The Marine & Energy Liability class was seeing the start of improved trading conditions through increased rating levels and more attention to t’s and c’s.
“With signs of an improving rating environment ahead, we are looking to deliver more balance and diversity to the book, particularly in the Marine liability sector”, the syndicate said, noting that, following on from rate increases of 6% in 2019, the class achieved rate increases of 13% in 2020. “We expect this momentum to continue, if not increase, during 2021”, the syndicate said.
The Marine Hull market was now hardening, after many years of soft underwriting conditions. The syndicate noted that the withdrawal of key players from the class and the subsequent reduction in capacity had an effect on pricing. There had been a withdrawal of approximately 40% of the Lloyd’s Marine Hull market capacity, the syndicate said.
The overall rate rise for the class in 2020 was 18% following 29% in 2019. The syndicate said that it was “well-positioned to take advantage of this and we have therefore been able to write more business in 2020”. The largest sectors are blue water, yachts, brown water and offshore. A consortium was put in place during 2019 and was renewed again for 2021.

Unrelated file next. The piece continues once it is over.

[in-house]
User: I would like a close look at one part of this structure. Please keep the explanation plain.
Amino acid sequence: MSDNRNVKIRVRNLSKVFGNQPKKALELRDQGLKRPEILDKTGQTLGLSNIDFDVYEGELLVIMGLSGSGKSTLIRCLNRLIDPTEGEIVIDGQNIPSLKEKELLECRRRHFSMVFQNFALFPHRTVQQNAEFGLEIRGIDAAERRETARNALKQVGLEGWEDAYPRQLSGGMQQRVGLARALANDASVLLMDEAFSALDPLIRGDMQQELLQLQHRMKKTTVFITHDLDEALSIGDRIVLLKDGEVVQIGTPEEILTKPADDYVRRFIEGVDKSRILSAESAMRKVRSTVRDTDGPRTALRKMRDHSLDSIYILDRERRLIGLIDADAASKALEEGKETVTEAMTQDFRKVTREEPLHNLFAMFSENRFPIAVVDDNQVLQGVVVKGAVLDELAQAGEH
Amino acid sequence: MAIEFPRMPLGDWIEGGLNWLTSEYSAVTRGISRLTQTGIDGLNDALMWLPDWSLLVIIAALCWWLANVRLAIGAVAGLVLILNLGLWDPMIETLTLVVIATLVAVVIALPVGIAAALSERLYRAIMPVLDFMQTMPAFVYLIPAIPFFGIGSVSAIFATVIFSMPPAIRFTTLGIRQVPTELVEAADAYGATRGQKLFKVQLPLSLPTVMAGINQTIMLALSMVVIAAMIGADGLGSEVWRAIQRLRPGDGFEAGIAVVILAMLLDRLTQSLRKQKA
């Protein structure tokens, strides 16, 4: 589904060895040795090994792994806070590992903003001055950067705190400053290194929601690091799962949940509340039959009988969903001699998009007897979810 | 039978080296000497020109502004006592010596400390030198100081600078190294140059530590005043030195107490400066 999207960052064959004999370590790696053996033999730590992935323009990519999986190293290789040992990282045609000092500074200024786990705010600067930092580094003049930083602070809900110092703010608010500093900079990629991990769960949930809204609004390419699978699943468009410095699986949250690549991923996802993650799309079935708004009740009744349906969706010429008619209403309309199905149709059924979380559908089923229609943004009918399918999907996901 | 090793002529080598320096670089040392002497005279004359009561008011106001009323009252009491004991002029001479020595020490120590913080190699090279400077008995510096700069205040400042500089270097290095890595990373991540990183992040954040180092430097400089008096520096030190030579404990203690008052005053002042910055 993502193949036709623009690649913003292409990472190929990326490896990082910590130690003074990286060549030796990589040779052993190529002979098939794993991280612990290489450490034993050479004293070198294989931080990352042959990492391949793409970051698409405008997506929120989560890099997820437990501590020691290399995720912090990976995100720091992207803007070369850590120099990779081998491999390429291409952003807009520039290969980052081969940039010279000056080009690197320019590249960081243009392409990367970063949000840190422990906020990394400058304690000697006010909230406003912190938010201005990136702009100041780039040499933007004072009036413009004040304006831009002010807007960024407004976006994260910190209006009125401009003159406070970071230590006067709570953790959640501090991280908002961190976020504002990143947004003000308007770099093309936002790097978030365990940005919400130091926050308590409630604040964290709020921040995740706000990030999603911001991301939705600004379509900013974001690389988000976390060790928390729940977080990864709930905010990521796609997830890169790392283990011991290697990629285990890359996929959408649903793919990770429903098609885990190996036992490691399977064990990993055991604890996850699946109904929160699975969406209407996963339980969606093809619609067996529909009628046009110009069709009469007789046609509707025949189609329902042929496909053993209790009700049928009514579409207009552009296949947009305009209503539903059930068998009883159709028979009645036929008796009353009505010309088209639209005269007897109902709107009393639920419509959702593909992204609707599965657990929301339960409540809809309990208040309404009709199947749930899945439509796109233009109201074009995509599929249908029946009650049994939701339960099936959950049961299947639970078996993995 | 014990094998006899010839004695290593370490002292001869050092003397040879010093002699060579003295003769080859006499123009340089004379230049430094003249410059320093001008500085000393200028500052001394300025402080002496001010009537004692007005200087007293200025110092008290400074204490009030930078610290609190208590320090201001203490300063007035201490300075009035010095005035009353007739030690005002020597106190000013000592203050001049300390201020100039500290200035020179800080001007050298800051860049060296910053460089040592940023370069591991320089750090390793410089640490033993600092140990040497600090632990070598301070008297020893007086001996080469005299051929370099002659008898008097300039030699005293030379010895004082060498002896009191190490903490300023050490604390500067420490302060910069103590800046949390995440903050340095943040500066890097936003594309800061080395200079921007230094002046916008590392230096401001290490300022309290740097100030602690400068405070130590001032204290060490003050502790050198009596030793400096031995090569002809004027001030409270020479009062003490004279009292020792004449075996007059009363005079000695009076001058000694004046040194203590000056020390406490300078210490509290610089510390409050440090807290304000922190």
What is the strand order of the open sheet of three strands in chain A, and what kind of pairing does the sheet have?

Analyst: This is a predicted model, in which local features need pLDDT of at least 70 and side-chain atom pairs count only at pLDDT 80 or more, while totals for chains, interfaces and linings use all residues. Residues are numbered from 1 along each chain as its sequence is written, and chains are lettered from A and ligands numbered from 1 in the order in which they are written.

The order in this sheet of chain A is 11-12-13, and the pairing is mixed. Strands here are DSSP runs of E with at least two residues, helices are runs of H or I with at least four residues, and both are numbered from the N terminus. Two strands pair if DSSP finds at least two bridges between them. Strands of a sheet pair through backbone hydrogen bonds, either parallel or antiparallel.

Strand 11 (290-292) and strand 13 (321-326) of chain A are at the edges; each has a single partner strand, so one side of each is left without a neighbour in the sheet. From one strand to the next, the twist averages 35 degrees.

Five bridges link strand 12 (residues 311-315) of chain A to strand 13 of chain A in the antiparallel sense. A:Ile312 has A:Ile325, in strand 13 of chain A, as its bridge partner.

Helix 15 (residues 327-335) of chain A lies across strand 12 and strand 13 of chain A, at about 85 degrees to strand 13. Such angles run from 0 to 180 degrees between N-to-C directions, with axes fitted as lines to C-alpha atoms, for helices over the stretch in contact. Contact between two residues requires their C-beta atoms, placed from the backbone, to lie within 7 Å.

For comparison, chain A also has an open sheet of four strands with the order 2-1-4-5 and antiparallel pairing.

2021 and future plans
The Lloyd’s approved plan for 2021 was to underwrite $668.6m of premium income This equates to $541.5m. The total stamp capacity of Apollo for 2021 is $589.0m (£475.0m at planned rate of $1.24, which is a 15% understatement of sterling’s value at early June 2021 rates).
The syndicate said that it would continue to focus on increasing the specialty insurance business classes in the syndicate, ensuring that these classes were appropriately balanced with the property and the casualty classes, in order to reduce volatility and deliver sustainable profits over time for capital providers.
Active underwriter NG Jones concluded that, although an active hurricane season and Covid-19 had served to generate a result for 2020 below that forecast, “we are seeing already that rates for renewals are increasing more than we expected in our 2021 Syndicate Business Plan”.
|2020 £000s||GPW||GPE||GCI||Op exps||Reins Bal||Total|
|2019 £000s||GPW||GPE||GCI||Op exps||Reins Bal||Total|
The Active Underwriter received remuneration of $338,000, which is charged as a syndicate expense.